Local man puts his ‘stamp’ on the past | TheUnion.com
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Local man puts his ‘stamp’ on the past

Mike Nevius has turned his three-acre spread behind the Rood Administrative Center into an outdoor museum of California mining history, which is why a crew from the History Channel is visiting him today.

The History Channel will be shooting footage of a working 1898 stamp mill for a segment on mining that will be broadcast on its regular series, “Saving History.”

The name of the series sums up Nevius’ passion, one he acquired growing up in Union Hill when several local gold mines were still operating. He has even worked a mining claim near Downieville in his spare time.



“I caught the bug early,” he said recently. “It’s a serious disease.”

He pursued his passion full-time when he retired from the U.S. Forest Service and joined the Native Sons of the Golden West; he is currently president of Hydraulic Parlor 56 in Nevada City.




A life-long mechanic, Nevius is not just interested in preserving Gold Rush-era mining equipment for the future. “I like machinery to run,” he said.

That’s why the History Channel is interested in filming the stamp mill made in 1898 by Joshua Hendy Ironworks of San Francisco; it’s the only one the station’s crew could find that is fully operational.

Nevius first heard about the stamp three years ago, and he traveled with a crew to Coarsegold near Mariposa to salvage the 12,000-pound relic, then buried under a collapsed building.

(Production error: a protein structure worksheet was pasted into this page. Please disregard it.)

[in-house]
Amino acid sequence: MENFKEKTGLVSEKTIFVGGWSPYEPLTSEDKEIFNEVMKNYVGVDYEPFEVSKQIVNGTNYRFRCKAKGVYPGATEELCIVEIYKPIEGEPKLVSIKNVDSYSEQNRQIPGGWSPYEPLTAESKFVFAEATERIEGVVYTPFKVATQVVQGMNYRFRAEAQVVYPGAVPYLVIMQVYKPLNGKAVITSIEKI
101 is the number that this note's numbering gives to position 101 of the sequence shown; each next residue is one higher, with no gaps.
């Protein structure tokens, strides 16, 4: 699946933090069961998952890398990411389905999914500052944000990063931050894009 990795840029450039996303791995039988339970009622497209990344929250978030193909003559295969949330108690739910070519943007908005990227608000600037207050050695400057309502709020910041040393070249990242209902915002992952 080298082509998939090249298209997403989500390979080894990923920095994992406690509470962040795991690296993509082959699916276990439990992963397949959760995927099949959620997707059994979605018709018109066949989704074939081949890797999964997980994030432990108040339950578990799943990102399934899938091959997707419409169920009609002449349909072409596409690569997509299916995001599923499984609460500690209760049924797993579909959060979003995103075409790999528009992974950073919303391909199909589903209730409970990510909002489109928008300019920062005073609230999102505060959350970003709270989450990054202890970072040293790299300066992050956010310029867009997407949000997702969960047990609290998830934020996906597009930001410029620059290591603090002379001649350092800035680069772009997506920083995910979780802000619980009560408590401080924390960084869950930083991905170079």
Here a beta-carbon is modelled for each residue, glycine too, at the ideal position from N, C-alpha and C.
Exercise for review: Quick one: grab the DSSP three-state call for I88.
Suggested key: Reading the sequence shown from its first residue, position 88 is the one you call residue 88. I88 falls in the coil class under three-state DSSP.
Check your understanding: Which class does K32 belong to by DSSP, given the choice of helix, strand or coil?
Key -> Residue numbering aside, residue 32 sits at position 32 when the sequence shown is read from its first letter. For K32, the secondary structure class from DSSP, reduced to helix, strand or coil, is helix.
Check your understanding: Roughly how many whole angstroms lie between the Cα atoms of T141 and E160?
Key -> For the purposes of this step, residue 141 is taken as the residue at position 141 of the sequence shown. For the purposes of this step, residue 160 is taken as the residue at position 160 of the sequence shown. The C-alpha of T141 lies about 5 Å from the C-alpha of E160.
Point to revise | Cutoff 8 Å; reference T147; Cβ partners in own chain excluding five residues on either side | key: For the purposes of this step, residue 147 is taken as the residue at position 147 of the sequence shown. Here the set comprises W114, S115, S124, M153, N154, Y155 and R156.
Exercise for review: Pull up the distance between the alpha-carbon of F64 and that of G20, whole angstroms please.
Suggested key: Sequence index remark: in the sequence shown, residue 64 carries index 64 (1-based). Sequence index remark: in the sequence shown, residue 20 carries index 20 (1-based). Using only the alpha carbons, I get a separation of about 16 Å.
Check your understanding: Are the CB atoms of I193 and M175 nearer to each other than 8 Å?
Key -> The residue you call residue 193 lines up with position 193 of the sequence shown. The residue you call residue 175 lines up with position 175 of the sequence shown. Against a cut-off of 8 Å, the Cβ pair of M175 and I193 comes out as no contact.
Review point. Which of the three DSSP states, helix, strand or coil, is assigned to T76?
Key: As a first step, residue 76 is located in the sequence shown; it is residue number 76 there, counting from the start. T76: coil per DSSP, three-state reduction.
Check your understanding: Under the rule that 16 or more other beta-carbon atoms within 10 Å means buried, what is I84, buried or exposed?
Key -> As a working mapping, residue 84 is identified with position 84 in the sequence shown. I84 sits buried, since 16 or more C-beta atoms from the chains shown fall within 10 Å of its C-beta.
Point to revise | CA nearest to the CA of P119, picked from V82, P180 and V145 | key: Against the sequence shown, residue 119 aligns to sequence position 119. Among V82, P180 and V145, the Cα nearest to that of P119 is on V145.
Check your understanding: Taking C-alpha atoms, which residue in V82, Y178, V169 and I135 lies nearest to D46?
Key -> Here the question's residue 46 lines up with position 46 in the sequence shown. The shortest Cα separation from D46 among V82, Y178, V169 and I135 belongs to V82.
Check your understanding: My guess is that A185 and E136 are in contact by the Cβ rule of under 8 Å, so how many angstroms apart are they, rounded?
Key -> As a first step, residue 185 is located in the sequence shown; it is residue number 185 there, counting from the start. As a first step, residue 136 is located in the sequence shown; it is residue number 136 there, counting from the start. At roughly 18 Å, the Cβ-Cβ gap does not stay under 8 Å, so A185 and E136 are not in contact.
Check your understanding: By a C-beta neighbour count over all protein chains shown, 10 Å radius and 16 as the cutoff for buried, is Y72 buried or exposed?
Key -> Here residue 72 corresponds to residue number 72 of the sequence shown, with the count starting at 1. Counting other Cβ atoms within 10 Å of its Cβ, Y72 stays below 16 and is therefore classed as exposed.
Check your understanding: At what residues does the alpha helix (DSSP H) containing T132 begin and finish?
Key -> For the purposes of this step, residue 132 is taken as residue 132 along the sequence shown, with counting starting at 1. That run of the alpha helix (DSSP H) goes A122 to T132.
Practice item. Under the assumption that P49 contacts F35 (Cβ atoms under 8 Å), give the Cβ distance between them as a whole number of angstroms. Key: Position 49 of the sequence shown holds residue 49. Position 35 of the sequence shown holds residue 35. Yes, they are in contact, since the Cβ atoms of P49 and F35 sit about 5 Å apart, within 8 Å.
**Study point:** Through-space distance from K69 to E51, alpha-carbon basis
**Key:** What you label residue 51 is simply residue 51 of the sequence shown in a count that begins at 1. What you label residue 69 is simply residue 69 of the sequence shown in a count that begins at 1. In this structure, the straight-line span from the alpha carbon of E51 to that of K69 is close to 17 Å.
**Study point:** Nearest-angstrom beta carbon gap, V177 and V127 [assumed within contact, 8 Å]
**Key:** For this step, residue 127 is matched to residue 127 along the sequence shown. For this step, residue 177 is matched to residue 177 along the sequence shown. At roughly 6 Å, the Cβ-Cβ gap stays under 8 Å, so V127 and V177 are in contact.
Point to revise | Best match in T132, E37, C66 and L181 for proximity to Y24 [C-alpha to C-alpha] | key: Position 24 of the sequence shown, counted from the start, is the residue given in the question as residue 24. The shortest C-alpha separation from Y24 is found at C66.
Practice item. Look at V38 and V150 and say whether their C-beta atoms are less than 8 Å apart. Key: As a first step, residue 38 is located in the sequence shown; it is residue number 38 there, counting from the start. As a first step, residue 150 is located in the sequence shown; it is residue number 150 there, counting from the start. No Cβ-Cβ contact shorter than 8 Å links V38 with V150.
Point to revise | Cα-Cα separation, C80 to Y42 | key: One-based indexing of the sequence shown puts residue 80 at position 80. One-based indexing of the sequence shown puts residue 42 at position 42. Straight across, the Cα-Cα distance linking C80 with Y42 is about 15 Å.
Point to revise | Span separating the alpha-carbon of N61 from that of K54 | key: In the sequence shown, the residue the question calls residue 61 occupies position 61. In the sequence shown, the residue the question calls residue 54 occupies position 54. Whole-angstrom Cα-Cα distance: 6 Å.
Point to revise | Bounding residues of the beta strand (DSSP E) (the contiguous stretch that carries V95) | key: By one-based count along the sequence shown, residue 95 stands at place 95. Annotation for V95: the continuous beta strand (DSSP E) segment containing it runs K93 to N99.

Stamp mills were used to crush ore so gold could be extracted. The stamps in Nevius’ latest acquisition weigh 1,000 pounds each.

The Native Sons crew disassembled the machine and hauled it to Nevada City, where Nevius restored it to working condition. He consults his collection of historic books, cannibalizes parts from other equipment, and fabricates parts when needed to do his restoration work.

The 1898 stamp occupies a prominent place at Nevius’ home off Cement Hill Road. A stickler for detail, he has added ore cars, an ore bin, and other necessary equipment to the display.

He has an extensive collection of Pelton and other water wheels, and several monitors – water cannons used in hydraulic mining – from a fence around his back yard. His collection includes a stamp mill made at the Miners Foundry in 1904.

The Native Sons are active in preserving the state’s history, and Nevius is glad to host school classes and individuals who want to see his collection.

“Our whole desire is to preserve California history,” he said. “I’m doing as much as I can to preserve items made in this area.”

Nevius welcomes groups and individuals who want to see his array of mining equipment. He can be reached at 265-2592.


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